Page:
Demand for news amid the coronavirus pandemic has reversed years of declining print sales at News Corp Australia.
Mark Reinke, managing director for consumer, says more are turning to News Corp’s publications as communities experience this “once in a lifetime challenge”.
Brands such as The Australian and metro title The Daily Telegraph have seen an audience lift across print and digital.
“We're seeing audiences spike considerably,” Reinke told AdNews.
“Across most of our brands, the average is up at least 50%, but in some cases much higher.
“We’re then seeing digital subscriptions, people that want to pay for news and get it in the palm of their hands, also lifting appreciably, and over the last couple of weeks, we've seen that lift by at least 25%.”
The spike in print sales for major titles at supermarkets has reversed the publisher’s declining newspaper sales, from 5% to 6% annualised decline to low single digit growth.
As the virus continues to spread and creates a climate of uncertainty across Australian communities, it’s taken over news cycles, with at least 50% and sometimes more of News Corp’s coverage focusing on the pandemic.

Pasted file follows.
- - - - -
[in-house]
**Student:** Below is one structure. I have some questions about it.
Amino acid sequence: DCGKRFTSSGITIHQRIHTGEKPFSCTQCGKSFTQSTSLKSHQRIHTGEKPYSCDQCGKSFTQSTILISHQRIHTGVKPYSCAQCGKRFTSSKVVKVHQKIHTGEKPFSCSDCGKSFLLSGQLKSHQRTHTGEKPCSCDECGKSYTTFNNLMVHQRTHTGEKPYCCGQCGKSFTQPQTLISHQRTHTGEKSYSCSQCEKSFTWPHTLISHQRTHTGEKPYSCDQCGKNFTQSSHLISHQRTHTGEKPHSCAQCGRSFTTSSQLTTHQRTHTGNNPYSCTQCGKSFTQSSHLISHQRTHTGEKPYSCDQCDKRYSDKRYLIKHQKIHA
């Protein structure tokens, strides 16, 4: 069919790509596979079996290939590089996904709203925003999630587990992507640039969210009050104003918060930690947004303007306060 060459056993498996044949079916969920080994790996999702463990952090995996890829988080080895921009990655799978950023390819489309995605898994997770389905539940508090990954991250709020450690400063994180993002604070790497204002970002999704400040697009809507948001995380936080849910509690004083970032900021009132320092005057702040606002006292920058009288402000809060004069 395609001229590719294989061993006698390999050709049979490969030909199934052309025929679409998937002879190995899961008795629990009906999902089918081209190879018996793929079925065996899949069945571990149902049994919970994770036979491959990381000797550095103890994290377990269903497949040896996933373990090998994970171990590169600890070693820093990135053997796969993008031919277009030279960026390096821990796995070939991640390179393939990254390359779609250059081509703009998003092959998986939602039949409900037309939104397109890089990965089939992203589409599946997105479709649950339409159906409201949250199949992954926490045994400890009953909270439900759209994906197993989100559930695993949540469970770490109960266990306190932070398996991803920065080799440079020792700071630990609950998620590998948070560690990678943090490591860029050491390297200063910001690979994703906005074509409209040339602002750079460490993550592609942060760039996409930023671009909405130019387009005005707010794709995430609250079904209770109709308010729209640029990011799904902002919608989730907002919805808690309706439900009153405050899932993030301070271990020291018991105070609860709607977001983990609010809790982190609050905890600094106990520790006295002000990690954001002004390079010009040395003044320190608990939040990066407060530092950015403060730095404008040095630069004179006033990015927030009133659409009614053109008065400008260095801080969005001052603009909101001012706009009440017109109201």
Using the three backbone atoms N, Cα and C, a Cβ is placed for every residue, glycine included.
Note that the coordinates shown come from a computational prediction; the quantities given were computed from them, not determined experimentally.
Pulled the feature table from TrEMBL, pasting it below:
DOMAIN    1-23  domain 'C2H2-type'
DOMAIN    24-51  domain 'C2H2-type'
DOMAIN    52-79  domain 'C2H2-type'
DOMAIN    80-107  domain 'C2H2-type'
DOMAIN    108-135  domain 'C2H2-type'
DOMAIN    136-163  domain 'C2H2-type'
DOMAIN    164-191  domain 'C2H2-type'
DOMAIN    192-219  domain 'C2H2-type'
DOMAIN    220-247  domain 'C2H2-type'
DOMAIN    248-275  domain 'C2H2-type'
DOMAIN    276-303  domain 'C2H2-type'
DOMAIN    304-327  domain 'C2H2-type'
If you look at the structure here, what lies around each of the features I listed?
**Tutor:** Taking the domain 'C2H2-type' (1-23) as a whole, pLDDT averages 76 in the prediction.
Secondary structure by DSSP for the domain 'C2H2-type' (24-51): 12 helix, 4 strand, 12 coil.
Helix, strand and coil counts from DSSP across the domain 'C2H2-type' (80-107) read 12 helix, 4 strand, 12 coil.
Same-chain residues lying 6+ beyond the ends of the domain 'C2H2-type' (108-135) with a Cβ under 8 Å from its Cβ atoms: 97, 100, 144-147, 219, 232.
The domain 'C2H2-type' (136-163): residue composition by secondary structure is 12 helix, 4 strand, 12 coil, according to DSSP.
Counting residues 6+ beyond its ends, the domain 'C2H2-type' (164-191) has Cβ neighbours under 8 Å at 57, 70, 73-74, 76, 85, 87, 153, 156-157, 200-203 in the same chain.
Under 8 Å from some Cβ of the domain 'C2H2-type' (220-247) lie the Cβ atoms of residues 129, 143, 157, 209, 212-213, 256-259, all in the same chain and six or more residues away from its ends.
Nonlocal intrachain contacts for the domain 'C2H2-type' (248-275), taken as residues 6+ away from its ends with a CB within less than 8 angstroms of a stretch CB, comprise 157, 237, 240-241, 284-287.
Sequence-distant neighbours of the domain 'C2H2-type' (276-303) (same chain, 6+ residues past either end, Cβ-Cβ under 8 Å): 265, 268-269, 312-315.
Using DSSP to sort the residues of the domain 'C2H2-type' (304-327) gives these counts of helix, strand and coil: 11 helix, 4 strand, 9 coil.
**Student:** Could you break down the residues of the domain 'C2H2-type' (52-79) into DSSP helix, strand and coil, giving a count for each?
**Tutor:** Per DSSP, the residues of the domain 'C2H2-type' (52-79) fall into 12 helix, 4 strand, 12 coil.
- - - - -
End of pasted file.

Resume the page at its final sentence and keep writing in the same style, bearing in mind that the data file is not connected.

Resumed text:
Reinke doesn’t see the demand for coronavirus-related news slowing in the near future, as it touches all areas of people’s lives, including how to educate kids at home and support with finance.
News Corp will seek to retain new readers by continuing to adapt their stories.
“It's still early, but I think the attention will turn to how to live, not just how to be updated,” Reinke says.
“We will see much more focus on how to stay healthy. How to live with my family almost 24/7 under one roof - I think will become a big, big focus.
“So there will be fatigue almost certainly on simply the numbers, but there is a significant thirst for information on things that none of us as consumers or as community members have had to deal with before.
“We just haven't had to be confined in our homes. I think mental health will be a big focus as it emerges over the next couple of months and we’re really focusing on that. It will be physical health first, but mental health so that the sheer volume of coronavirus information doesn’t have a negative health impact on people's mental health.
“We've got to find a way to really give people information and tools that keep them mentally positive.”
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